Pharmacy Practice

Robbie Christian is a Model Teacher and ID Pharmacist

Karen Blum
Karen Blum Published: February 20, 2024
Robbie Christian

Infectious diseases pharmacist Robbie Christian, PharmD, BCIDP, has several passions: teaching; antimicrobial stewardship; promoting diversity, equity, and inclusion (DEI) in the pharmacy profession; and being an active aunt and spending time with her dogs. She even has a favorite organism.

Bacteria fighter
“Pseudomonas,” said Christian, an ASHP member, noting she refers to the bacterium as a he. “He knows how to withstand any antibiotic, and he’s often difficult to treat, but we always get him. Due to its several resistance mechanisms, it causes the most heartache with people, but I think with some of the newer drugs that are being developed, we’ll handle him.”

Since late 2022, Christian has served as an infectious diseases clinical pharmacy specialist and PGY2-ID residency program director at the VA Northeast Ohio Healthcare System in Cleveland. She spends her days working with learners, rounding with ID consult teams, and serving as the outpatient parenteral antimicrobial therapy manager. In this role, she watches over all patients going offsite with IV antibiotics. In addition, she assists with seminars and projects, establishes protocols, and works on research.

Christian said she likes “the puzzle of figuring out the best thing for the patient and being a good steward over our antibiotics. Antimicrobial stewardship was just a buzzword when I was finishing [pharmacy] school. But now I really know the importance behind it. If we are not good stewards now, it will be a very, very grim future. We do our best to make sure that we are using antibiotics only as necessary, especially during cold and flu season.”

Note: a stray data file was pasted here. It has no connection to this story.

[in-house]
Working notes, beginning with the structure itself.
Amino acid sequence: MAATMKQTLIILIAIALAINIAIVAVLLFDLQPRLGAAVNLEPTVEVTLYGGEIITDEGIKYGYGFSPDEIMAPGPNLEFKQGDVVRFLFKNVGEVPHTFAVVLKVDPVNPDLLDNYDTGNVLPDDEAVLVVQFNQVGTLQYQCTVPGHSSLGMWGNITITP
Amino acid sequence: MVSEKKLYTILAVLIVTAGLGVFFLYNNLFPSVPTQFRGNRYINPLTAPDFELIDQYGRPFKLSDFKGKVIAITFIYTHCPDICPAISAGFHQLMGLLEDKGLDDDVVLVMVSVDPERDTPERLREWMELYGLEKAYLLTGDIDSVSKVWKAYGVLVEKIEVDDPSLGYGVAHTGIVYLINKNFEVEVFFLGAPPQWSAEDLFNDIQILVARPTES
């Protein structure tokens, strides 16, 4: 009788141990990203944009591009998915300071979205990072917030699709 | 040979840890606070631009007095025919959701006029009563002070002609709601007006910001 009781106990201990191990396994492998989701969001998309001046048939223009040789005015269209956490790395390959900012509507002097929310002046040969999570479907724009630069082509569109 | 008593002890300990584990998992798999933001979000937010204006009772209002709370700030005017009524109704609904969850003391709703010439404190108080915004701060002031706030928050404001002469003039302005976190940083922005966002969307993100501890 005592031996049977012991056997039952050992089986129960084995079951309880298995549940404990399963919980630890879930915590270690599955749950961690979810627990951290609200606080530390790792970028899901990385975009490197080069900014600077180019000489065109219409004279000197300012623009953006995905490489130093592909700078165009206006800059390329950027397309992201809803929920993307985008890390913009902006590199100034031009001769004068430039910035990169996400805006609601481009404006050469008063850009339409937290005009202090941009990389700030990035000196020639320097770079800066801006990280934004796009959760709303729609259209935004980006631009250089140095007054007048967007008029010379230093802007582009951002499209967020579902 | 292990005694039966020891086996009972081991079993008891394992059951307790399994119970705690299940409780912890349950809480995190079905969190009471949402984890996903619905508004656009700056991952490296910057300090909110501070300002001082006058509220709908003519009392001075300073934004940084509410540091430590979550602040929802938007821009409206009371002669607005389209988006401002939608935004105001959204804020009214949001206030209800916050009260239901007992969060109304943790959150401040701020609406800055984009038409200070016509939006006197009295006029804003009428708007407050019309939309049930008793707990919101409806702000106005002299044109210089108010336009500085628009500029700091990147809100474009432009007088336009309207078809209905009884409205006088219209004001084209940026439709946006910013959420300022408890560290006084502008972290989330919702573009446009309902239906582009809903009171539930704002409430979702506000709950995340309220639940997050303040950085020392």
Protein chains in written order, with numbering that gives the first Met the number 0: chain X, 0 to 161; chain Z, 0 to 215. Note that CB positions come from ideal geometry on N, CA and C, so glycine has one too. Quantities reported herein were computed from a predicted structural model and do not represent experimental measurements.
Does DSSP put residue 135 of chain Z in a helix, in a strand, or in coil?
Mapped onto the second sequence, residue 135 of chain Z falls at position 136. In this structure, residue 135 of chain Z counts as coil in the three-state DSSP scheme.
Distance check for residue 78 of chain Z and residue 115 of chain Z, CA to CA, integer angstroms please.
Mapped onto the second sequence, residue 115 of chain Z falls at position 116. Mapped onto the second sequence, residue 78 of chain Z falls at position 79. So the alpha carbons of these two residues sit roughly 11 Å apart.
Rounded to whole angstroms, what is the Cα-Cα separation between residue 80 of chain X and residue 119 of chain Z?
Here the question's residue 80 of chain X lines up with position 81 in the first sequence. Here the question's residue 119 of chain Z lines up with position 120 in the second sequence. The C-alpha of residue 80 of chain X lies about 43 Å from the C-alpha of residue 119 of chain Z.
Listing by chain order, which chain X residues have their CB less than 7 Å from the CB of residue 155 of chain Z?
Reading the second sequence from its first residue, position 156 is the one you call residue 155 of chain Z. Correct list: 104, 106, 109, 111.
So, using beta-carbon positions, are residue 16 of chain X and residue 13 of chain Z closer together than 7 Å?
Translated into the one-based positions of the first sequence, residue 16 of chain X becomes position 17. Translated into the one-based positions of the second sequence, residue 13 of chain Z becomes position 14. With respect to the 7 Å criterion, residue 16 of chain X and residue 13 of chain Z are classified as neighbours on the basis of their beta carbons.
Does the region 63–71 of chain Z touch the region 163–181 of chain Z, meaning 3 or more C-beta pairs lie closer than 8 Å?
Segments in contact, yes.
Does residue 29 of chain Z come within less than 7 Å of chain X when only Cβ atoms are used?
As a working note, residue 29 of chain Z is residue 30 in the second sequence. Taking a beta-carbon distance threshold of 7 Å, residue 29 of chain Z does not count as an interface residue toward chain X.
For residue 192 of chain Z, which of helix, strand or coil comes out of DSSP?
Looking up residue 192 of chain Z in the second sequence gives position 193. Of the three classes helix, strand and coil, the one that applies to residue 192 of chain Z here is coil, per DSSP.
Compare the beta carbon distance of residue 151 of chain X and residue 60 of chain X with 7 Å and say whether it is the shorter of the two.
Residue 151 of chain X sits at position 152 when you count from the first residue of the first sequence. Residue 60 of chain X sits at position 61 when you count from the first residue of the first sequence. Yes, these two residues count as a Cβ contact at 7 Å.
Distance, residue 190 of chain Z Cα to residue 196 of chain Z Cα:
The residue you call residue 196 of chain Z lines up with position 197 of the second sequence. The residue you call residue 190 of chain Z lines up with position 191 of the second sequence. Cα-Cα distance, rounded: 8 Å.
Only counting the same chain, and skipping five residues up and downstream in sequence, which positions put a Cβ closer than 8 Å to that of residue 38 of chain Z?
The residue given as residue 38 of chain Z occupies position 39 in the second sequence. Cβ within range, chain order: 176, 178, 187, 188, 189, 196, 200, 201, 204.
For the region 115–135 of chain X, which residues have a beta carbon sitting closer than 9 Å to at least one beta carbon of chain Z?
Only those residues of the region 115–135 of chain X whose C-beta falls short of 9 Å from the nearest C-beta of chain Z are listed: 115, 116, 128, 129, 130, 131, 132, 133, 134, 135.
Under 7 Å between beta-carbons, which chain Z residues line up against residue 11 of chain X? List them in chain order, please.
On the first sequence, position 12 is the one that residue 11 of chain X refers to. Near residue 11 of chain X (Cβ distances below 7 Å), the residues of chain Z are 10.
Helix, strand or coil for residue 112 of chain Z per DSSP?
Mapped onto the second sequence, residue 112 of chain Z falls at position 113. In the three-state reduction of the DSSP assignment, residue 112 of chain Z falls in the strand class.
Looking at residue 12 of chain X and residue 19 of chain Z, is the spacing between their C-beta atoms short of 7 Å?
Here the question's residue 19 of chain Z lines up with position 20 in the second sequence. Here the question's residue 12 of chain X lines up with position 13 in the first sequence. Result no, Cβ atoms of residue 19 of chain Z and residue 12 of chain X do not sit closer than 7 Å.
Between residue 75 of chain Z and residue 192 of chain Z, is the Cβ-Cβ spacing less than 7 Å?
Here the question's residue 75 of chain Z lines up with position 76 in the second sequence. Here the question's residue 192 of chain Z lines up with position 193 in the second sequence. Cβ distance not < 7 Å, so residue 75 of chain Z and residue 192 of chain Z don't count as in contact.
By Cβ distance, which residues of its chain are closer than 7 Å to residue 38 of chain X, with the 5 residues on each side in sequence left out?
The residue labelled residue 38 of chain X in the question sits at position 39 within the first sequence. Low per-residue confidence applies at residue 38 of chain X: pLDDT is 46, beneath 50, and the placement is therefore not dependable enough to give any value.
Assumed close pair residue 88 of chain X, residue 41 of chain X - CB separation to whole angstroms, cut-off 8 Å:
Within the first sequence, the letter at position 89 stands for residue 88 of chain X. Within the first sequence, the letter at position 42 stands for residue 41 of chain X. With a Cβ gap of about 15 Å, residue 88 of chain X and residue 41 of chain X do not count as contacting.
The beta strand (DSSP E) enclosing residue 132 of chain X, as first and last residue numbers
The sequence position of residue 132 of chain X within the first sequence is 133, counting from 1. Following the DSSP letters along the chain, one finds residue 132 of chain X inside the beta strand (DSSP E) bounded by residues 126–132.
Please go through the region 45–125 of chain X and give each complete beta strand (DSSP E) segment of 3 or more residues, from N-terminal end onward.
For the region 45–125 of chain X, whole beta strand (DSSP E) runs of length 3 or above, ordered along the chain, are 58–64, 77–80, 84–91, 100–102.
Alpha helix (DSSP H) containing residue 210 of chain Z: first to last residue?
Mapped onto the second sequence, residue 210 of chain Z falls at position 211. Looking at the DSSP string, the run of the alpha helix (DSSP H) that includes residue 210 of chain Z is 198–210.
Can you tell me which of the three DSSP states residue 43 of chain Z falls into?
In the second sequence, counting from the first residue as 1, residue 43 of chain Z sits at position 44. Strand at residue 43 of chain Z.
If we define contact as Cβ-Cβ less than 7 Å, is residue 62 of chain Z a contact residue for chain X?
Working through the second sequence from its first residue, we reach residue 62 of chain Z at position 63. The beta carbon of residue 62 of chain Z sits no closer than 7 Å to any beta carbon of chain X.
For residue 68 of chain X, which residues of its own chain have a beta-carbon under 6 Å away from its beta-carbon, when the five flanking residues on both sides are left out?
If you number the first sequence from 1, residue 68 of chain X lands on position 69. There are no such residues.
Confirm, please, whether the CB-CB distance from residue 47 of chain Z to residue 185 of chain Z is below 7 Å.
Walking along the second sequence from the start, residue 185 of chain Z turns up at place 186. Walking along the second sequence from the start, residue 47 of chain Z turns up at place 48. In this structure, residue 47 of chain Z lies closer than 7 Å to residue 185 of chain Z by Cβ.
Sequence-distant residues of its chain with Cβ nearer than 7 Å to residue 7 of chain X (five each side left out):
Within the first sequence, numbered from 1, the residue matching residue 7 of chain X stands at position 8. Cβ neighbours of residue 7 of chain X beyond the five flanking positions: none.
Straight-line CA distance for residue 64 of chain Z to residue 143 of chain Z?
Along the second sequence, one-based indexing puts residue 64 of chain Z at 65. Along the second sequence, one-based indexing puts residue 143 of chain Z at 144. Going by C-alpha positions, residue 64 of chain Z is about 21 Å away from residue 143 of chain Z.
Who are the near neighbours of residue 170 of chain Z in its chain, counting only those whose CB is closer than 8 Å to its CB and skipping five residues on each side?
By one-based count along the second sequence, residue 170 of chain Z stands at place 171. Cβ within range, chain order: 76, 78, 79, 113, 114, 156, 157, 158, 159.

A layered learning approach
Precepting is one of the tasks that brings her joy. She loves answering questions from trainees about the pharmacokinetics and pharmacodynamics of drugs, and seeing things click in their minds. “I do a lot of whiteboard teaching,” she said. This is where she asks trainees to write down everything they know about a particular subject so she can push them a little further.

Christian also believes in layered learning, working with pharmacy students and residents simultaneously, and having residents help teach students. Her students are appreciative, as evidenced by two awards—one for the Most Supportive Preceptor in 2020, and one for Preceptor of the Year in 2021.

Patient-centered care
Christian said she enjoys the veteran patient population she serves. “Our veterans are a hilarious group of people,” she said. “They’re blunt, and they’ll tell you what they are going to do and what they are not going to do. It makes it a little bit more creative in how we address our veterans and use patient-centered care to develop a plan for them.”

As an added bonus, Christian said she is privileged to work with Robert Bonomo, MD, chief of the medical service at the Cleveland VA and a well-known ID expert. “It is great to be able to round with him and pick his brain on what his thoughts are with some of the things in the guidelines, and up-and-coming medications and antimicrobials,” she added.